Eastern Shoshone

Eastern Shoshone are Shoshone who primarily live in Wyoming and in the northeast corner of the Great Basin where Utah, Idaho and Wyoming meet and are in the Great Basin classification of Indigenous People. They lived in the Rocky Mountains during the 1805 Lewis and Clark Expedition and adopted Plains horse culture in contrast to Western Shoshone that maintained a Great Basin culture.[3]

Eastern Shoshone
Washakie, (translated as:Shoots the Buffalo Running), Eastern Shoshone chief
Regions with significant populations
 United States ( Wyoming,  Utah)
Languages
Shoshone,[1] English
Religion
Native American Church, Sun Dance,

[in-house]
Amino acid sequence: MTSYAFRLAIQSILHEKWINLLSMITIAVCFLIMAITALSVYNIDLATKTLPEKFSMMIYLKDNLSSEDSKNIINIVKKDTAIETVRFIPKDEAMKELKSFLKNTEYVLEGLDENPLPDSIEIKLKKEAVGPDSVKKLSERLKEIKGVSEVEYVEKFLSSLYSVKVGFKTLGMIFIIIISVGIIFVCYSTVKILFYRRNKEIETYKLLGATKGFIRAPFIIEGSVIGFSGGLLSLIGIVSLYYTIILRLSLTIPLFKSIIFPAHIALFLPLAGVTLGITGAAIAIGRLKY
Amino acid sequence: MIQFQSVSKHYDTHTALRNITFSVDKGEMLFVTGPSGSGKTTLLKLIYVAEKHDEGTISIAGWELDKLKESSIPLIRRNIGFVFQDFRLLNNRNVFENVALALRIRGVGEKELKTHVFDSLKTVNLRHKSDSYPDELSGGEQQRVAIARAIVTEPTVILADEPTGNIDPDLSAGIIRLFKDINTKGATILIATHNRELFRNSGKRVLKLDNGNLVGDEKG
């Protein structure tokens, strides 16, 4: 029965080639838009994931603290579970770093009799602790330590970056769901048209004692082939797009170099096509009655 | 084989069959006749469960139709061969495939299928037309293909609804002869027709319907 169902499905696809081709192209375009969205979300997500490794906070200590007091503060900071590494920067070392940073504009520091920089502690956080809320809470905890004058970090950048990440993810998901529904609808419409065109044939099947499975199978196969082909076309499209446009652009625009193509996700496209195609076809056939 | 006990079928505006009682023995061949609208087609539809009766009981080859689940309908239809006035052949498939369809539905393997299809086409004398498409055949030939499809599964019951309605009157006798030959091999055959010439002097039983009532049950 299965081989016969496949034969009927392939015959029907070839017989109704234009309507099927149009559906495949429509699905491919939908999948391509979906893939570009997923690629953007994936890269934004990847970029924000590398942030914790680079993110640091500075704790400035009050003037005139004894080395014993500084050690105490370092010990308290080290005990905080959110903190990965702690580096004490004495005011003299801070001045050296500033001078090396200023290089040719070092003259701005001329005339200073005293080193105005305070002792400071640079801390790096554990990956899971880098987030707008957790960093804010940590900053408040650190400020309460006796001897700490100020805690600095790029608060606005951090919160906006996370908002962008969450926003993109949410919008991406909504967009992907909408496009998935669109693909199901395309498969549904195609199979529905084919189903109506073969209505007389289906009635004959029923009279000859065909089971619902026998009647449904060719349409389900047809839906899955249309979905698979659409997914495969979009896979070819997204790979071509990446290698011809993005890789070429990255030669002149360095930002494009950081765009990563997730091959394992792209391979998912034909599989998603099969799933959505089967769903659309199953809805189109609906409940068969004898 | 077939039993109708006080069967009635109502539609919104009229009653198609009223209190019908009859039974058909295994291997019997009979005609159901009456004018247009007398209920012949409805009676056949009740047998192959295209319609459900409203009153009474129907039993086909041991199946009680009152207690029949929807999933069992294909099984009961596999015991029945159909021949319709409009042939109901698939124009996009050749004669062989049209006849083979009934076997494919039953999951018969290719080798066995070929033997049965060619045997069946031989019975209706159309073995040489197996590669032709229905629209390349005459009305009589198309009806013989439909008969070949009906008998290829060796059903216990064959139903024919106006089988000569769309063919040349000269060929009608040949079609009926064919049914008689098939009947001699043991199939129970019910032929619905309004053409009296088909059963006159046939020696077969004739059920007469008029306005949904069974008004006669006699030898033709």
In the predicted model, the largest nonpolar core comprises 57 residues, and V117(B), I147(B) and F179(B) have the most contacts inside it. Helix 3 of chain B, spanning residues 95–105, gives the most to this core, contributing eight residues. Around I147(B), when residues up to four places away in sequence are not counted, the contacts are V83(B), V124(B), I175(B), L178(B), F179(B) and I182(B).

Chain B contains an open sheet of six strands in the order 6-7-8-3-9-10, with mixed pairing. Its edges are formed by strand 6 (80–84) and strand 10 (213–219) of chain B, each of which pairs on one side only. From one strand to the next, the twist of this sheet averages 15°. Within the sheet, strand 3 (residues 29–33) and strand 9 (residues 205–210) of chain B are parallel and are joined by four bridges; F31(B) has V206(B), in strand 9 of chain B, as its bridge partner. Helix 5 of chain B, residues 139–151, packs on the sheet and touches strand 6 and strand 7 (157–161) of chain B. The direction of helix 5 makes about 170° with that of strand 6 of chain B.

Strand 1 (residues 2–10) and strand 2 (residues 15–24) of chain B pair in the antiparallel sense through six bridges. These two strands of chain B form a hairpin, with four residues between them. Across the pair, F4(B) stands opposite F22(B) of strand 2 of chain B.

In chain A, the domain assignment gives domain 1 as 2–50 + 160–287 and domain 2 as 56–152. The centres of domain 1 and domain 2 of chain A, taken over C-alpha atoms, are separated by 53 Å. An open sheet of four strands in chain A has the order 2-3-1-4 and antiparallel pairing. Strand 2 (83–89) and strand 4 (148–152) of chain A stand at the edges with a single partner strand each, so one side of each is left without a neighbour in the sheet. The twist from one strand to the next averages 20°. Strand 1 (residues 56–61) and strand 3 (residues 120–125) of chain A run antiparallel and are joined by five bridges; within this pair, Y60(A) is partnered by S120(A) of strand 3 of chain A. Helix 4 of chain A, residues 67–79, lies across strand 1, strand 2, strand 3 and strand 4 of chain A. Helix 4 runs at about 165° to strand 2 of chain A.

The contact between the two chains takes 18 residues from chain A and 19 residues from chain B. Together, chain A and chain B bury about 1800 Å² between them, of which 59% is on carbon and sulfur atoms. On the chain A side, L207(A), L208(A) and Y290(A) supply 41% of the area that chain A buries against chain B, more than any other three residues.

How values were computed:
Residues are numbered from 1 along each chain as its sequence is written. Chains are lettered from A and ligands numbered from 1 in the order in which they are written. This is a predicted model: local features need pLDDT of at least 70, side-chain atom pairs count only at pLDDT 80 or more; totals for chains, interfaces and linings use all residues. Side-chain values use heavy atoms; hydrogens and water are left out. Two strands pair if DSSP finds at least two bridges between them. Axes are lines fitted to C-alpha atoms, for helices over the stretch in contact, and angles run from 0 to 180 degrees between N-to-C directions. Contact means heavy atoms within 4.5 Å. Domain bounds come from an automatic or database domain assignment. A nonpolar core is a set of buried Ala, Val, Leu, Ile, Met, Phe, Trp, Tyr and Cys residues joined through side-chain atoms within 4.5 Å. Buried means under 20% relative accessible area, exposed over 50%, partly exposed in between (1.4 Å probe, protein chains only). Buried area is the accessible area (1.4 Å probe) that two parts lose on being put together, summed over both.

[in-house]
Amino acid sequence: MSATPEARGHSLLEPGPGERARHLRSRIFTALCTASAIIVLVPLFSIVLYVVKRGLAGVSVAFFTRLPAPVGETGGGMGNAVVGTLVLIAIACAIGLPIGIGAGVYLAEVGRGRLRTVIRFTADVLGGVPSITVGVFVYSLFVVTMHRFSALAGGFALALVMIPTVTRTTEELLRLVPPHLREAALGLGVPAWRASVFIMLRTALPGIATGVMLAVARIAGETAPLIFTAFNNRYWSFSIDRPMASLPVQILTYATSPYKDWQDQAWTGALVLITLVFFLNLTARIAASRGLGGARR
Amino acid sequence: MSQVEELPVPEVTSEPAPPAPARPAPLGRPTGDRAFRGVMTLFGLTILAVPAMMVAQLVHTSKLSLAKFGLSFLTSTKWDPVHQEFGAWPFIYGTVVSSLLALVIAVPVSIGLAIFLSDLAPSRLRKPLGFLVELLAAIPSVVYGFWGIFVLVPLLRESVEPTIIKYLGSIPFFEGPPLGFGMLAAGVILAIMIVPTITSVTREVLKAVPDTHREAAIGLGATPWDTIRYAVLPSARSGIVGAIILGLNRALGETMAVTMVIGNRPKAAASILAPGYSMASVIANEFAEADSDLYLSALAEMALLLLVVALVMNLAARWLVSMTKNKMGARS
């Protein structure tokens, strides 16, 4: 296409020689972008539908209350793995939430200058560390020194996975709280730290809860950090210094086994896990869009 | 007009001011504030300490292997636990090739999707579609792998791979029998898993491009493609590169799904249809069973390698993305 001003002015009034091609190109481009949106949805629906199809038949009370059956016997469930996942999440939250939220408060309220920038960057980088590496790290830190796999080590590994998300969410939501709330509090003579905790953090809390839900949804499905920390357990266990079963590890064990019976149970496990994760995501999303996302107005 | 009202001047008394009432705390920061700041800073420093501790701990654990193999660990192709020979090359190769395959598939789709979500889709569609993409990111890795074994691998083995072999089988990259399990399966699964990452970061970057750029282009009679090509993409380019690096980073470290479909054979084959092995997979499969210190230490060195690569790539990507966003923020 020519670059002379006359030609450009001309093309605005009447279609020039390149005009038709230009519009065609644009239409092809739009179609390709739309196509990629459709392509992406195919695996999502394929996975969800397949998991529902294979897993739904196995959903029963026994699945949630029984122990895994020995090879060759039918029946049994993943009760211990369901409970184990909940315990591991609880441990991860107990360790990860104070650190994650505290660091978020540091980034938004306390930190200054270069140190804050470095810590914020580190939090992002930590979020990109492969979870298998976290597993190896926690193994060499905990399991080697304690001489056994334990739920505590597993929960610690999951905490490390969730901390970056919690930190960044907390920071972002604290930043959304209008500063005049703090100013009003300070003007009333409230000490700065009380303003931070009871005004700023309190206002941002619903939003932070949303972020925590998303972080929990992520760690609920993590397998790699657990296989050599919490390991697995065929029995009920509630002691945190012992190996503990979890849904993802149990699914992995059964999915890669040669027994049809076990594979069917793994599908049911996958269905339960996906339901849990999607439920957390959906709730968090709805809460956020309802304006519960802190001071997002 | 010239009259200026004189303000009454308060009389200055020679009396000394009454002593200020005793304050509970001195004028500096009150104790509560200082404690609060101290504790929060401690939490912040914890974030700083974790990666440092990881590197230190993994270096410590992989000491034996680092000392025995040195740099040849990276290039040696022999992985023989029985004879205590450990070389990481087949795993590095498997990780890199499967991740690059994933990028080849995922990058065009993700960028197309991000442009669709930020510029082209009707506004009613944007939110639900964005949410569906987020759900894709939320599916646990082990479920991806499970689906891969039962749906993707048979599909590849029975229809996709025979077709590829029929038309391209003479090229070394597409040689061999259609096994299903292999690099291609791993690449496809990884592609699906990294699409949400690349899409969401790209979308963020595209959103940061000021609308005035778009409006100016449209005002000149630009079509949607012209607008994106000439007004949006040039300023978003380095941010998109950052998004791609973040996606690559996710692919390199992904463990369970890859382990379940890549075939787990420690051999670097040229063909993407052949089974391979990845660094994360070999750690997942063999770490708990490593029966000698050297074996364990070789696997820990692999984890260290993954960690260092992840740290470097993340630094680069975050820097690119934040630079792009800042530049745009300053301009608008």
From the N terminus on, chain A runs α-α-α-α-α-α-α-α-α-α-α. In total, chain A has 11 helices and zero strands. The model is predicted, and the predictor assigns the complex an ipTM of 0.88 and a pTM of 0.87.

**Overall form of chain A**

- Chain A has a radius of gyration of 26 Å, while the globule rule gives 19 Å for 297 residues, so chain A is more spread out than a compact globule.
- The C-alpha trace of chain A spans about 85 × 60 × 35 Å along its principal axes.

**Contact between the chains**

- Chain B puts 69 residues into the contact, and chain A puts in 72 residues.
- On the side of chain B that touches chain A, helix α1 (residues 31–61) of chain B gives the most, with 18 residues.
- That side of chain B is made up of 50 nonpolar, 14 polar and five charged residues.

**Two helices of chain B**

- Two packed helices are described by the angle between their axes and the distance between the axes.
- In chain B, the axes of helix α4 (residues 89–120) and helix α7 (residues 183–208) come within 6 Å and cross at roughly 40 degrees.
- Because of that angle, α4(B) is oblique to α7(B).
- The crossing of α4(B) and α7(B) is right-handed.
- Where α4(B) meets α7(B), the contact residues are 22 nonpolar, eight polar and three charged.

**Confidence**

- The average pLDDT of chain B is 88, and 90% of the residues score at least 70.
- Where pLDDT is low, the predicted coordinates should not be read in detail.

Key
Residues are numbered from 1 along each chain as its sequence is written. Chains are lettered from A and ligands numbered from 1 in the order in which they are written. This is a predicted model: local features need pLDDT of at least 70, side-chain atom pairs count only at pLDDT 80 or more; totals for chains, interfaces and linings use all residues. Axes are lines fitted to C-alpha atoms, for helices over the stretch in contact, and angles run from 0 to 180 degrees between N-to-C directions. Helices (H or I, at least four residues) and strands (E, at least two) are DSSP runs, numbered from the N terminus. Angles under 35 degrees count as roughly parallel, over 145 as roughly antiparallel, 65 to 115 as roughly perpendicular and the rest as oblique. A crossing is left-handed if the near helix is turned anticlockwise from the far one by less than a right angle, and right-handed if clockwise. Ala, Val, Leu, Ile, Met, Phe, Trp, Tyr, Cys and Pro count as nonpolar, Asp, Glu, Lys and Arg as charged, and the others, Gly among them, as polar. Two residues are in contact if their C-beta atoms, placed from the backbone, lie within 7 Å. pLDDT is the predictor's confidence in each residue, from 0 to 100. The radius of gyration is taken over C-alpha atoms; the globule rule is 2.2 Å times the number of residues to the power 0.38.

traditional tribal religion,[2] Christianity, Ghost Dance
Related ethnic groups
other Shoshone people, Comanche
Map of traditional lands of the Eastern Shoshone

The Eastern Shoshone primarily settled on the Wind River Indian Reservation in Wyoming, after their leader, Washakie signed the Fort Bridger Treaty in 1868.[4]


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